Some of these commands may include teaching the dog to walk forward, turn to the left or turn to the right. Another common command is stopping at curbs.

Dr. Brian ran a piece of electric wire from one corner of the room to the other. The he had a remote control car that had a little gadget on the top of it. Dr. Brian had Ringlet come and sit. Then he went on the other side of the wire and started the car. When Ringlet saw it move, she started to walk toward it. Her collar made contact with the wire when the car was passing. She jerked back with a yelp. I wanted to get up and see if she was okay, but Mom gave me a look, which meant to stay put. Dr. Brian went over and reset Ringlet’s collar.

“Why did she jerk back?” I asked.

“It is an electric wire as well as an electric collar,” Dr. Brian explained. “We want her to cross the wire after the car, which triggers the electricity has gone passed. If she goes before or as the car is passing, it will give her a shock.”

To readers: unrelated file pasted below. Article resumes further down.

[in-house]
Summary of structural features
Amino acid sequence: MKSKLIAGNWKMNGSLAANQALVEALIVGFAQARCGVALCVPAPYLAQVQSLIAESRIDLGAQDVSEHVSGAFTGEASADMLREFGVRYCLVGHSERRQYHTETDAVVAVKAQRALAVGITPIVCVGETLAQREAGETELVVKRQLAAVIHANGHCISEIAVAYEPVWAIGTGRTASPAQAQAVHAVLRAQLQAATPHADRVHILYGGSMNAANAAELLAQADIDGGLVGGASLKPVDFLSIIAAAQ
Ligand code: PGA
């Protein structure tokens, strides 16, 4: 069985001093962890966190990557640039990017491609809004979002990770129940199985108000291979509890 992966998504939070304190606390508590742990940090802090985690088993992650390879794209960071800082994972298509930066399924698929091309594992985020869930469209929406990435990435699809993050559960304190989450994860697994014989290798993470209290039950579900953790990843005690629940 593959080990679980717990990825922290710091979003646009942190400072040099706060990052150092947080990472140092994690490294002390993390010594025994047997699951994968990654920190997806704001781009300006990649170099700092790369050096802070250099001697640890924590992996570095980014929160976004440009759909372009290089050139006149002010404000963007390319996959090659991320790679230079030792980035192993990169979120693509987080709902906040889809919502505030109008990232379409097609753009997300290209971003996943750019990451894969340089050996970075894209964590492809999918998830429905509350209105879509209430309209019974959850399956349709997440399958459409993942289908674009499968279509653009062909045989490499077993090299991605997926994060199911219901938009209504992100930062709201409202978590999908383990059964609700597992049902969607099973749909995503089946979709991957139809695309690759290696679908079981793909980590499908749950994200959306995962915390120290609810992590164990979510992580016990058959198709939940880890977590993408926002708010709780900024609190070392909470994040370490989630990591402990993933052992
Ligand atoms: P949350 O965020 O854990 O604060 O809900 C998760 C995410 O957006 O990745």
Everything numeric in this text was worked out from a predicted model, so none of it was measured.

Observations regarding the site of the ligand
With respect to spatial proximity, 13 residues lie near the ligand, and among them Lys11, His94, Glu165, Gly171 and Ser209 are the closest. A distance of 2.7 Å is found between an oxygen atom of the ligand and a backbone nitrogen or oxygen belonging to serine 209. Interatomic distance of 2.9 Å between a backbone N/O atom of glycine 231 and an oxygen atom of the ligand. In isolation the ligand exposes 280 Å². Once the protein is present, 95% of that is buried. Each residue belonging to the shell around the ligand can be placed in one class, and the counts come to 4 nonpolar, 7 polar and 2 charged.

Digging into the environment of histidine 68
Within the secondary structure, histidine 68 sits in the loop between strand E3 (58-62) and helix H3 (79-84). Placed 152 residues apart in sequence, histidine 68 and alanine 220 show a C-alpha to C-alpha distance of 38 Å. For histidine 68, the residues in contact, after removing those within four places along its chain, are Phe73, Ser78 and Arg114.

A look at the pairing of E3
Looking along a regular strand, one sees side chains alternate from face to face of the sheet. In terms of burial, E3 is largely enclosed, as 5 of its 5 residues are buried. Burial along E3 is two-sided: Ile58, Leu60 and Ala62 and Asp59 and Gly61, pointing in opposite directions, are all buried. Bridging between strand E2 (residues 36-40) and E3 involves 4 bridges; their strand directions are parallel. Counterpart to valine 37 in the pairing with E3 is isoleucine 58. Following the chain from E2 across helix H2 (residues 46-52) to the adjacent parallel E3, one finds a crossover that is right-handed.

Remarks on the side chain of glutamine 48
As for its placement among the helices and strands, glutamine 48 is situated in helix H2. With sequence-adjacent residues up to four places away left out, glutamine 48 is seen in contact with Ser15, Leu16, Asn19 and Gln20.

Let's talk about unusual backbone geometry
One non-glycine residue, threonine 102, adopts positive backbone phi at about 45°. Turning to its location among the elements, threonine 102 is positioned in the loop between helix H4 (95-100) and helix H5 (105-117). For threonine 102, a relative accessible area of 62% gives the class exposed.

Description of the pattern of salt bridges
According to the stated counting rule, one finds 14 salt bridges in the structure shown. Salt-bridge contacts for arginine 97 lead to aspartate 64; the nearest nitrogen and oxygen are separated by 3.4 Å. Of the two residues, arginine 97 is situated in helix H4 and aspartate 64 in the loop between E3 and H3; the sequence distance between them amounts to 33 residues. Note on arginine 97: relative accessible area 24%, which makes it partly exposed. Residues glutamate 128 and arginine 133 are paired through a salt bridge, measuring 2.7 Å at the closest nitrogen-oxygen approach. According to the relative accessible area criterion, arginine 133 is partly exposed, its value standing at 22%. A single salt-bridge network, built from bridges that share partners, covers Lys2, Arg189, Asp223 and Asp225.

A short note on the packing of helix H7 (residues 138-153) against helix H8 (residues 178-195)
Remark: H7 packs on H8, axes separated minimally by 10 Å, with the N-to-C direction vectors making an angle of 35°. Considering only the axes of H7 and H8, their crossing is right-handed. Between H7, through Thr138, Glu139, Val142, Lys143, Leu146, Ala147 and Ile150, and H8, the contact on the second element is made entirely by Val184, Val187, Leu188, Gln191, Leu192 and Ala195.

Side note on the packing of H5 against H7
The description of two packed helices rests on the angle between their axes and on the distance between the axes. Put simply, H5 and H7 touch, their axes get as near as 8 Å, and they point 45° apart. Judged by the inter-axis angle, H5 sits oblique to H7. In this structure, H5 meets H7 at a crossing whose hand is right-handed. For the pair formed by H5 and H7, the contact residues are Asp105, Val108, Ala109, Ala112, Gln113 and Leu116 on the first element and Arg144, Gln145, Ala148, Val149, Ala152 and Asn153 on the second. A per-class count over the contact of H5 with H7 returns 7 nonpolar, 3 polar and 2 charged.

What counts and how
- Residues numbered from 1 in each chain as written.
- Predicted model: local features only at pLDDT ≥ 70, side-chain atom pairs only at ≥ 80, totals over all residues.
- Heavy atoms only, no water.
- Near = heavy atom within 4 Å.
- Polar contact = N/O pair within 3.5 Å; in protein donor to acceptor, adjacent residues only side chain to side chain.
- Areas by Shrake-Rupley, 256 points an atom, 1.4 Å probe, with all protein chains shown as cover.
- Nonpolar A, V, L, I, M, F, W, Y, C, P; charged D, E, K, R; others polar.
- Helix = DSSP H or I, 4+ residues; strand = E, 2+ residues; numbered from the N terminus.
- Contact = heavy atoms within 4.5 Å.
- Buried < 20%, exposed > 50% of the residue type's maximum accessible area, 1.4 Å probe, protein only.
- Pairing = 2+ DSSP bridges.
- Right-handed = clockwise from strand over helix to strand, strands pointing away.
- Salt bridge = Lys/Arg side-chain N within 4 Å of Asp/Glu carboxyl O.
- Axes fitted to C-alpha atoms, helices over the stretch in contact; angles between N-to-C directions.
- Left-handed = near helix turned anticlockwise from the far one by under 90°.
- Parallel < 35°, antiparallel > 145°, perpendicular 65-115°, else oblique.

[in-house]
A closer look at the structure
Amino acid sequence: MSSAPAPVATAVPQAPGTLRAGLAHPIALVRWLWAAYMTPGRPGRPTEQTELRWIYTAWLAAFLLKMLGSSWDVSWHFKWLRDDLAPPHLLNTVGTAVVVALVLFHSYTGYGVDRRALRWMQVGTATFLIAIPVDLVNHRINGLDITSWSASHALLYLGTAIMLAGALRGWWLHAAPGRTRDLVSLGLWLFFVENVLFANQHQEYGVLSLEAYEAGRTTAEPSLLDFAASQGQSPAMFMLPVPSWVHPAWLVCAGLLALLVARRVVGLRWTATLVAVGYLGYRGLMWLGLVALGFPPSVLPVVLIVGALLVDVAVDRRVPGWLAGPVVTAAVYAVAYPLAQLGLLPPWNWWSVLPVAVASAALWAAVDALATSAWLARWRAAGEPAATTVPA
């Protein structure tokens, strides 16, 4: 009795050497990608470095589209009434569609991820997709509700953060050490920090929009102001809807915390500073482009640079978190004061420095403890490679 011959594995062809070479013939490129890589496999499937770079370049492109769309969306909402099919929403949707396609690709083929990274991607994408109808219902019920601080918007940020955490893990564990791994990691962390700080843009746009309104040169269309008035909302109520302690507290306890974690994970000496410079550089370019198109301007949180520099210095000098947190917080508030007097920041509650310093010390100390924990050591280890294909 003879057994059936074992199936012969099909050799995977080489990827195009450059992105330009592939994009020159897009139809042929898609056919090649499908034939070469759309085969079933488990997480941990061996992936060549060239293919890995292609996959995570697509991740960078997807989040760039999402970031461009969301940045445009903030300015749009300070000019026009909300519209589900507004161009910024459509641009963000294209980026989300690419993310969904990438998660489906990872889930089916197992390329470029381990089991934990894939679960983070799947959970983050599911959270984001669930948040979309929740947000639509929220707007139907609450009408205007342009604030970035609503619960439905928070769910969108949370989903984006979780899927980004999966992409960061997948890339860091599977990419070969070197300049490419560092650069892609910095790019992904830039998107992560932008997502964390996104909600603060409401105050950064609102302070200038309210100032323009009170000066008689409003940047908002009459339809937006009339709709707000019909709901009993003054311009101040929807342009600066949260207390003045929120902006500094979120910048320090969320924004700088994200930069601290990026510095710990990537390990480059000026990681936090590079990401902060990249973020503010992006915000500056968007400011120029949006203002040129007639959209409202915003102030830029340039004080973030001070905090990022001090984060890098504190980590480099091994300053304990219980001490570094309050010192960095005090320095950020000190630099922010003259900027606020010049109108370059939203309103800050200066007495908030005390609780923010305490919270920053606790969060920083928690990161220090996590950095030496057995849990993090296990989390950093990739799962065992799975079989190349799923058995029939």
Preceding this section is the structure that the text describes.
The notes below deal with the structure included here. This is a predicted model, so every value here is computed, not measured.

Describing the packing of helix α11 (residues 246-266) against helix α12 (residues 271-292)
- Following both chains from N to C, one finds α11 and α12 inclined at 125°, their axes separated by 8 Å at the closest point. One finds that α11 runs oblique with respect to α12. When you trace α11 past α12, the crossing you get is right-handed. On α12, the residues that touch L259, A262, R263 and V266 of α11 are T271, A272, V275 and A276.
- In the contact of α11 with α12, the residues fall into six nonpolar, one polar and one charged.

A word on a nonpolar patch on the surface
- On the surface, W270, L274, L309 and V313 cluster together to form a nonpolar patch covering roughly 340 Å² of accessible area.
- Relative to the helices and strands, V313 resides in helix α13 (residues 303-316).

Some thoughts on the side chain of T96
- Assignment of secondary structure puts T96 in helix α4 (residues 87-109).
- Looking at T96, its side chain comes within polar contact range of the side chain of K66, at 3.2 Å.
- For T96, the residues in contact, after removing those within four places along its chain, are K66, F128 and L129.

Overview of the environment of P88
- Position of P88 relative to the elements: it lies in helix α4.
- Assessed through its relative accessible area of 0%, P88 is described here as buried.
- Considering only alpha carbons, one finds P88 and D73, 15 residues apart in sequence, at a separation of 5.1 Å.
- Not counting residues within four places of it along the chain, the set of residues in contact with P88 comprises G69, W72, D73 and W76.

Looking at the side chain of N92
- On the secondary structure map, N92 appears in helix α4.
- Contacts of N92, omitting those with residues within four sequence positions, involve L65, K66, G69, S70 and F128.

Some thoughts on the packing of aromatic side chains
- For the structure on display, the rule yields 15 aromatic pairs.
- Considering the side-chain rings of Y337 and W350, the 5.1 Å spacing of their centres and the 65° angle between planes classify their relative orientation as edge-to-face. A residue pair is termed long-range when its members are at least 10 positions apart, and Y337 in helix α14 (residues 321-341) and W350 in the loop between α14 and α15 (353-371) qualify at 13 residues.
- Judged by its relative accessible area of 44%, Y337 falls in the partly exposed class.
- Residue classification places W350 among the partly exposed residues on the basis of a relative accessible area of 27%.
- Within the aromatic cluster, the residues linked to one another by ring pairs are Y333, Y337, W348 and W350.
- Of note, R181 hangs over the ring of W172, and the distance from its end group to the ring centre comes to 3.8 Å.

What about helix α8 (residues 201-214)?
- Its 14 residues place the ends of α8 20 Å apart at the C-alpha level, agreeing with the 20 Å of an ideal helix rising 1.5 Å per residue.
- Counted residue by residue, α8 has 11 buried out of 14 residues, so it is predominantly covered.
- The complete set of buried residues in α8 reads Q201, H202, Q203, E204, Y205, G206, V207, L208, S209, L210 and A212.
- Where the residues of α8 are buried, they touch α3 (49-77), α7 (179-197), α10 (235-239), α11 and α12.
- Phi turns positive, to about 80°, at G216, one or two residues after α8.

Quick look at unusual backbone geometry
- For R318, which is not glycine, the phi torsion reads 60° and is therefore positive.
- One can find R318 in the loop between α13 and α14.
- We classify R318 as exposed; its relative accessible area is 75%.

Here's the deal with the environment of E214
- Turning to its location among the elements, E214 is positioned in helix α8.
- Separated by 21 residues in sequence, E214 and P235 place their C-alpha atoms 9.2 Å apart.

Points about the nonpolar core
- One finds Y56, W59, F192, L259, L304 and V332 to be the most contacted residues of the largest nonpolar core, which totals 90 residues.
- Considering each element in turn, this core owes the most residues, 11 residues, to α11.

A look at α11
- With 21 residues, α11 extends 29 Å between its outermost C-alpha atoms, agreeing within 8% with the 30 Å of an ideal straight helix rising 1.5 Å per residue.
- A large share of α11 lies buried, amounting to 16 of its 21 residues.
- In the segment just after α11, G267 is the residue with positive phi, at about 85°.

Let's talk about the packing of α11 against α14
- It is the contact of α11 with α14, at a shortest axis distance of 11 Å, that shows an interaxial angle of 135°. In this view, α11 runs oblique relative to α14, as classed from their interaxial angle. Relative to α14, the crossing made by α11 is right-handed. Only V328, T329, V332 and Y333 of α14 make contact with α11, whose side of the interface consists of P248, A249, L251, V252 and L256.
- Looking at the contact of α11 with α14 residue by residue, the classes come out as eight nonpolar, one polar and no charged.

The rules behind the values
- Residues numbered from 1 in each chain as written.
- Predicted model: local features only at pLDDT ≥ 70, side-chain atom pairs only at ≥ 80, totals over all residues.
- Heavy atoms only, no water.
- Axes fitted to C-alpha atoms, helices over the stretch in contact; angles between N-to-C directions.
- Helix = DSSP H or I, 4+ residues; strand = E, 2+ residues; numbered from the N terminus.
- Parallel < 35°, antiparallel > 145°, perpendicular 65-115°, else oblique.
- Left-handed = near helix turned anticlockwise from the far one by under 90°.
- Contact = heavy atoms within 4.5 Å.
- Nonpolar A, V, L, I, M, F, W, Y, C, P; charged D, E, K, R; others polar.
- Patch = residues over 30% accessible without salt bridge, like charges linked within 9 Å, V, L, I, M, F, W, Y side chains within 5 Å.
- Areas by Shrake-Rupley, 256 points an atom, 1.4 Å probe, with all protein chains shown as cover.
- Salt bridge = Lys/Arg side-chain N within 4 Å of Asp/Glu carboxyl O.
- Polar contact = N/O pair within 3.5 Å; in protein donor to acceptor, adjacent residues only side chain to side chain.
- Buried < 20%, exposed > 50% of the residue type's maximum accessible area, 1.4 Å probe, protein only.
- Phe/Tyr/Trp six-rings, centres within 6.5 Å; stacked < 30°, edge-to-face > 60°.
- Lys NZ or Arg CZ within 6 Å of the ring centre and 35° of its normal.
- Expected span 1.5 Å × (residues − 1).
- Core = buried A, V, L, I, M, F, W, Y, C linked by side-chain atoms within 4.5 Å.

“It looks like it hurt her.”

“Chris, be quiet. Let Dr. Brian do his job,” Mom cut in.

I sighed and leaned back in the chair. I still thought special school was boring. It might have been different if I was able to work with Ringlet. At least in obedience school Gail had let me work with my own dog.

 Every time Dr. Brian started to work with Ringlet I kept telling myself she’ll be coming home for good; she’ll be coming home for good. I also started bringing things with me to keep myself busy. It also kept my mind off what was going on. I didn’t really see why I should care. I wasn’t blind.

After many endless weeks, month’s maybe, Dr. Brian said we would have a special guest coming to the training session.

“What kind of guest?” I asked.